Those of us who drink a lot of coffee sometimes feel a little misunderstood — a littlejudged, even — by those who do not drink a lot of coffee. Recently, one Reddit user who apparently feels this way took advantage of anAMA with Vasanti Malik, a nutrition research scientist at Harvard T.H. Chan School of Public Health, to ask about some vile rumors about the planet’s most perfect, most life-giving beverage:
"What’s your take on coffee? I live in Utah and people around me keep saying it affects the lining of your stomach and its ability to consume nutrients. I’ve tried doing research on this and haven’t found much consistency in the answer, so I’d love to hear from a reliable source."
Malik’s answer: Not only is this stomach-lining claim not supported by any evidence — the bulk of the research on coffee highlights the drink’s benefits more than anything else. “Coffee, provided that it is minimally sweetened with sugar and not loaded with whipped cream, can definitely be part of a healthy diet,” Malik wrote. Whether caffeinated or decaf, it “contains a number of healthful vitamins and nutrients” — beyond that, research done by nutrition scientists at Harvard “have shown associations with reduced risk for diabetes, cardiovascular disease and mortality.”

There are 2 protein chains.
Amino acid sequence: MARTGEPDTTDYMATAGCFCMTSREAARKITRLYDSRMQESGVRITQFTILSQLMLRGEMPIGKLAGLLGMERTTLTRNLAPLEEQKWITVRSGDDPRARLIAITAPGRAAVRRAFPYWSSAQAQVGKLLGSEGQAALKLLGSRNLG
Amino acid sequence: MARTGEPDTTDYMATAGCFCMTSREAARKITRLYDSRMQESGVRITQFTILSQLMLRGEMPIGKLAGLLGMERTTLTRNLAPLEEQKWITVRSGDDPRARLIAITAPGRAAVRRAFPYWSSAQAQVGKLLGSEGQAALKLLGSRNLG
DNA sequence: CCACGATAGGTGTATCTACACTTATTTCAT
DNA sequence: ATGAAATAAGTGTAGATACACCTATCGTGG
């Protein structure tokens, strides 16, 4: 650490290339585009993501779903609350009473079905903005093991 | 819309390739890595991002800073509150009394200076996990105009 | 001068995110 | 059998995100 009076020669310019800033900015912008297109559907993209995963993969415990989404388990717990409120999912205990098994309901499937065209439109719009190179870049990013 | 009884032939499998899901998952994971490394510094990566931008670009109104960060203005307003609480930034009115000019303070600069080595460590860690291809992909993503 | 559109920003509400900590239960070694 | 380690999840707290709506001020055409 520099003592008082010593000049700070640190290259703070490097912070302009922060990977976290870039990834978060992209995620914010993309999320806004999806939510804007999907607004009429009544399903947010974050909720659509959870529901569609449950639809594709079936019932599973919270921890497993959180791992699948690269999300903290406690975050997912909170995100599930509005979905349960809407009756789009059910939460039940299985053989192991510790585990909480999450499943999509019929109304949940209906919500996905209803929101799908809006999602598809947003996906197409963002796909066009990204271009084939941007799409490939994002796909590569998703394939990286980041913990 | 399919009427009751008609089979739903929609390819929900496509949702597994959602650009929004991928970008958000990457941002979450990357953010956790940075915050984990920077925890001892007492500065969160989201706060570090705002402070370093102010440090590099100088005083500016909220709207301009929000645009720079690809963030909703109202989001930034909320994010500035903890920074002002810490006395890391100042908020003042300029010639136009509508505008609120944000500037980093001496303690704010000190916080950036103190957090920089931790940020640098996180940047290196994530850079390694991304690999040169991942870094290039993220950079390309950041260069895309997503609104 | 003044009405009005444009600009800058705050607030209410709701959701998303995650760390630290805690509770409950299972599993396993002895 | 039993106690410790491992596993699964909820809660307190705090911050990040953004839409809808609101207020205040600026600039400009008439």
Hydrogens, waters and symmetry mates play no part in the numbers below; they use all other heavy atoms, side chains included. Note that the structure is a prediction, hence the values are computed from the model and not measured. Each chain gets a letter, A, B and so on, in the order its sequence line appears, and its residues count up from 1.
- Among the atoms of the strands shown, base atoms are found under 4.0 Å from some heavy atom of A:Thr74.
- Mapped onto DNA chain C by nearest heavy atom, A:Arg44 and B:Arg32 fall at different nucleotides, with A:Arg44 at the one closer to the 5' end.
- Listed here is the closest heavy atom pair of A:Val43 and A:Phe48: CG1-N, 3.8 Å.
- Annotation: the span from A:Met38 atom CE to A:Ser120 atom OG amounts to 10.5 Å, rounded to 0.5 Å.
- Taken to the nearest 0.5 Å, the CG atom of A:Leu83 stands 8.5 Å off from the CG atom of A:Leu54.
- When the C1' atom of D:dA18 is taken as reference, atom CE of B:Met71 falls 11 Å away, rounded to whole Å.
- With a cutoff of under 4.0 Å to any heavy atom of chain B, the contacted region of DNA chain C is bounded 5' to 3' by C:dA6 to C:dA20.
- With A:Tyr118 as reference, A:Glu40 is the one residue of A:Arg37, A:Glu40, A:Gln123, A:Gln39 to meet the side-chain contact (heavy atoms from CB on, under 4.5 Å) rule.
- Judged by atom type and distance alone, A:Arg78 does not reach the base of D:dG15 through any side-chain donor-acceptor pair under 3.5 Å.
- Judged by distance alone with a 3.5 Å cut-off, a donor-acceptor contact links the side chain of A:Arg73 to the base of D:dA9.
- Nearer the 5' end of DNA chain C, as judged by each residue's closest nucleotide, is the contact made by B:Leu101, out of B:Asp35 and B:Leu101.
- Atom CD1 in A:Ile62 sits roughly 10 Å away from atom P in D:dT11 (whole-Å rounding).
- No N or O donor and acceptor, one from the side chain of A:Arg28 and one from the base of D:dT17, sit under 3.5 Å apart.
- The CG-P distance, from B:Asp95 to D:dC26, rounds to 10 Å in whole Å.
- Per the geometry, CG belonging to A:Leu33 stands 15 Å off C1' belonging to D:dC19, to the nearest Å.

The best part, though, is this: These benefits are seen when a person consumes up to five cups of coffee per day. The questioner’s confusion is understandable, however: Headlines concerning nutrition research seem to dart back and forth with no discernible pattern. One day, coffee is good for you; the next, it is most certainly killing you. But as Dr. Aaron Carroll recently pointed out in his YouTube series, the best existing evidence shows almost no real health risks from drinking coffee. Go forth and refill your cup, now that you are armed with a brief primer on the latest coffee science has to offer.